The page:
Dear Editor,

I applaud your decision to publish your October 25, 2012 feature, “Elephants in the Room” as it captures one disturbing underlying trend in America – the increasing homogenization of political discourse and ideological purity of both the left and the right. This trend has not only manifested itself in the form of the Tea Party, but as you so aptly report it has also occurred on this campus and local politics. It has squeezed the center into endangerment (note: I’m an unaffiliated voter, but hold center-left views). Centrist politicians in Washington have been losing primaries or have quit because of our ideological intransigence on both sides of the aisle. The right has raised a valuable debate about the size of government (especially on a federal level) and the left has, in turn, raised a valuable debate about equality of opportunity.
In your article, Noah Mishka doesn’t believe that “‘…the middle is inherently the right position to take,'” and that political balance might not be valuable for the school. He is correct, but with both sides of the political spectrum marching towards extremes, the shrinking center seems to be a very sensible position right now. We can’t afford draconian cuts to the size of the state (such as Vice Presidential candidate Paul Ryan has proposed in his budget plan) and the math behind tax increases for the wealthiest Americans falls short of promises to restore financial sustainability (i.e. Obama’s proposal to let the Bush tax cuts expire for the wealthy).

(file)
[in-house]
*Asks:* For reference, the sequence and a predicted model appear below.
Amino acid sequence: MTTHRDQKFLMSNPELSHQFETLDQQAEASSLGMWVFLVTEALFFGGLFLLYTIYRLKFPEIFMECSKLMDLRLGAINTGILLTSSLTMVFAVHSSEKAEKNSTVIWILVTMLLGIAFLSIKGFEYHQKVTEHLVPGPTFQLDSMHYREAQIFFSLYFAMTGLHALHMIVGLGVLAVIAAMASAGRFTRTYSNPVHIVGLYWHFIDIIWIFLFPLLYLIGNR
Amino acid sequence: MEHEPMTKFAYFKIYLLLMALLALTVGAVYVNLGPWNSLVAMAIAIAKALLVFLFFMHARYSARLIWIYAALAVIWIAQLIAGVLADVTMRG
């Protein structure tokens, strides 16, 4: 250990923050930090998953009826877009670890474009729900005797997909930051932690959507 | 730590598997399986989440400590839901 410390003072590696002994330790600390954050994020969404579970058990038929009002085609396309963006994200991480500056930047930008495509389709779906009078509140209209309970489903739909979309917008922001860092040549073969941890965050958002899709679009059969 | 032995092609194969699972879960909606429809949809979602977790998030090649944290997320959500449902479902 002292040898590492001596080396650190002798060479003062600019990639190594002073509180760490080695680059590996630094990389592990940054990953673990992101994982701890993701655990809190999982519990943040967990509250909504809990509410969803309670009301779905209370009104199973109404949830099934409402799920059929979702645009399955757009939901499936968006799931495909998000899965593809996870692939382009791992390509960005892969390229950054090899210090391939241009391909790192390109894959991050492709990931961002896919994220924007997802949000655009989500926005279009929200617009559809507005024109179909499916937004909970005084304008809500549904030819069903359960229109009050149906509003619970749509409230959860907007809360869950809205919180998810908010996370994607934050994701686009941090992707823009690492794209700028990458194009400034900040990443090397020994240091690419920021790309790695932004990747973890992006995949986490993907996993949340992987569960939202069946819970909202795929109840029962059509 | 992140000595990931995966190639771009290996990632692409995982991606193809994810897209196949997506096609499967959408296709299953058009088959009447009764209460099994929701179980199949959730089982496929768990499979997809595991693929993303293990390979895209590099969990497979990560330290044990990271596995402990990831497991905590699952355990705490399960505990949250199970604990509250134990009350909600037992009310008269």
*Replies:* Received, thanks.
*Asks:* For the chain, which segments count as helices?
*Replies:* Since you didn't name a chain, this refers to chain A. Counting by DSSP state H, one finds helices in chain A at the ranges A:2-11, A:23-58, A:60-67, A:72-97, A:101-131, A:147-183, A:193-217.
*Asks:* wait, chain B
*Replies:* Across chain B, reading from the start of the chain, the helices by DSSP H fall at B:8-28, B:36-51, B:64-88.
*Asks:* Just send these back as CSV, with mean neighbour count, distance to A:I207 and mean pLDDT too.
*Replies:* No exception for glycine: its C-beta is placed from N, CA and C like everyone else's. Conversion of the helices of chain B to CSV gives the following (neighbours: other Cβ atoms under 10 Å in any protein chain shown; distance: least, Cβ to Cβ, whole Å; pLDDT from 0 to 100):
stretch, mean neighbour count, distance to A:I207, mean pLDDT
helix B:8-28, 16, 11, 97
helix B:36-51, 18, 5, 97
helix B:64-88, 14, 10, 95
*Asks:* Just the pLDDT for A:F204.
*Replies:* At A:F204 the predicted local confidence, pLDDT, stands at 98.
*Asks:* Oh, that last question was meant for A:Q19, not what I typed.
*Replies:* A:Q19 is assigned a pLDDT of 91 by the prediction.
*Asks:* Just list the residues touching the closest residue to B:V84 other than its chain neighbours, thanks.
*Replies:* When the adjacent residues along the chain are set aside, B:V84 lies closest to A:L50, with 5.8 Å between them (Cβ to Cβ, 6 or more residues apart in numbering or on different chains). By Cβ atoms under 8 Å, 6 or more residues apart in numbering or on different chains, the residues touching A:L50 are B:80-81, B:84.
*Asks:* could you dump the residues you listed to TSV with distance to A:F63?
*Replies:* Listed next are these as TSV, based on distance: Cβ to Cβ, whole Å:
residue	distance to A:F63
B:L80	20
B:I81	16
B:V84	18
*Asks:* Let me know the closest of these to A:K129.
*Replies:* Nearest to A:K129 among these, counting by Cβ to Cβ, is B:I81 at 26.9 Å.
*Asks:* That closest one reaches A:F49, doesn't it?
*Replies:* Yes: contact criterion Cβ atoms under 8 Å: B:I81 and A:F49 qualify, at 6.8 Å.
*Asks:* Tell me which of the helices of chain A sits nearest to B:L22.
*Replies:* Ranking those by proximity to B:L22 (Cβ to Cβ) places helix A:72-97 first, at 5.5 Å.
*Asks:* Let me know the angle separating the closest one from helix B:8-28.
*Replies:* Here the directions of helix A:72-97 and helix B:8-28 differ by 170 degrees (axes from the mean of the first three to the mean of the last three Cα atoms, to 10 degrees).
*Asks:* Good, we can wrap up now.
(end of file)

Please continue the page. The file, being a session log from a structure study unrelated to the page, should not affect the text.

With the UCSC Republicans putting up posters about, “joining the dark side”, it shows how much they have been ostracized from the political discourse on this campus and this city. Ad hominem attacks (which this newspaper has flirted with in the past in its editorial and opinion pieces) and heckler’s vetoes from the student body have not helped matters.
A critical eye not only needs to be cast upon that other guy’s beliefs, but your own. Isn’t that one purpose of university?  This applies to everyone – right, left, center, students, faculty, Santa Cruz locals, and Americans.
-Eric Nong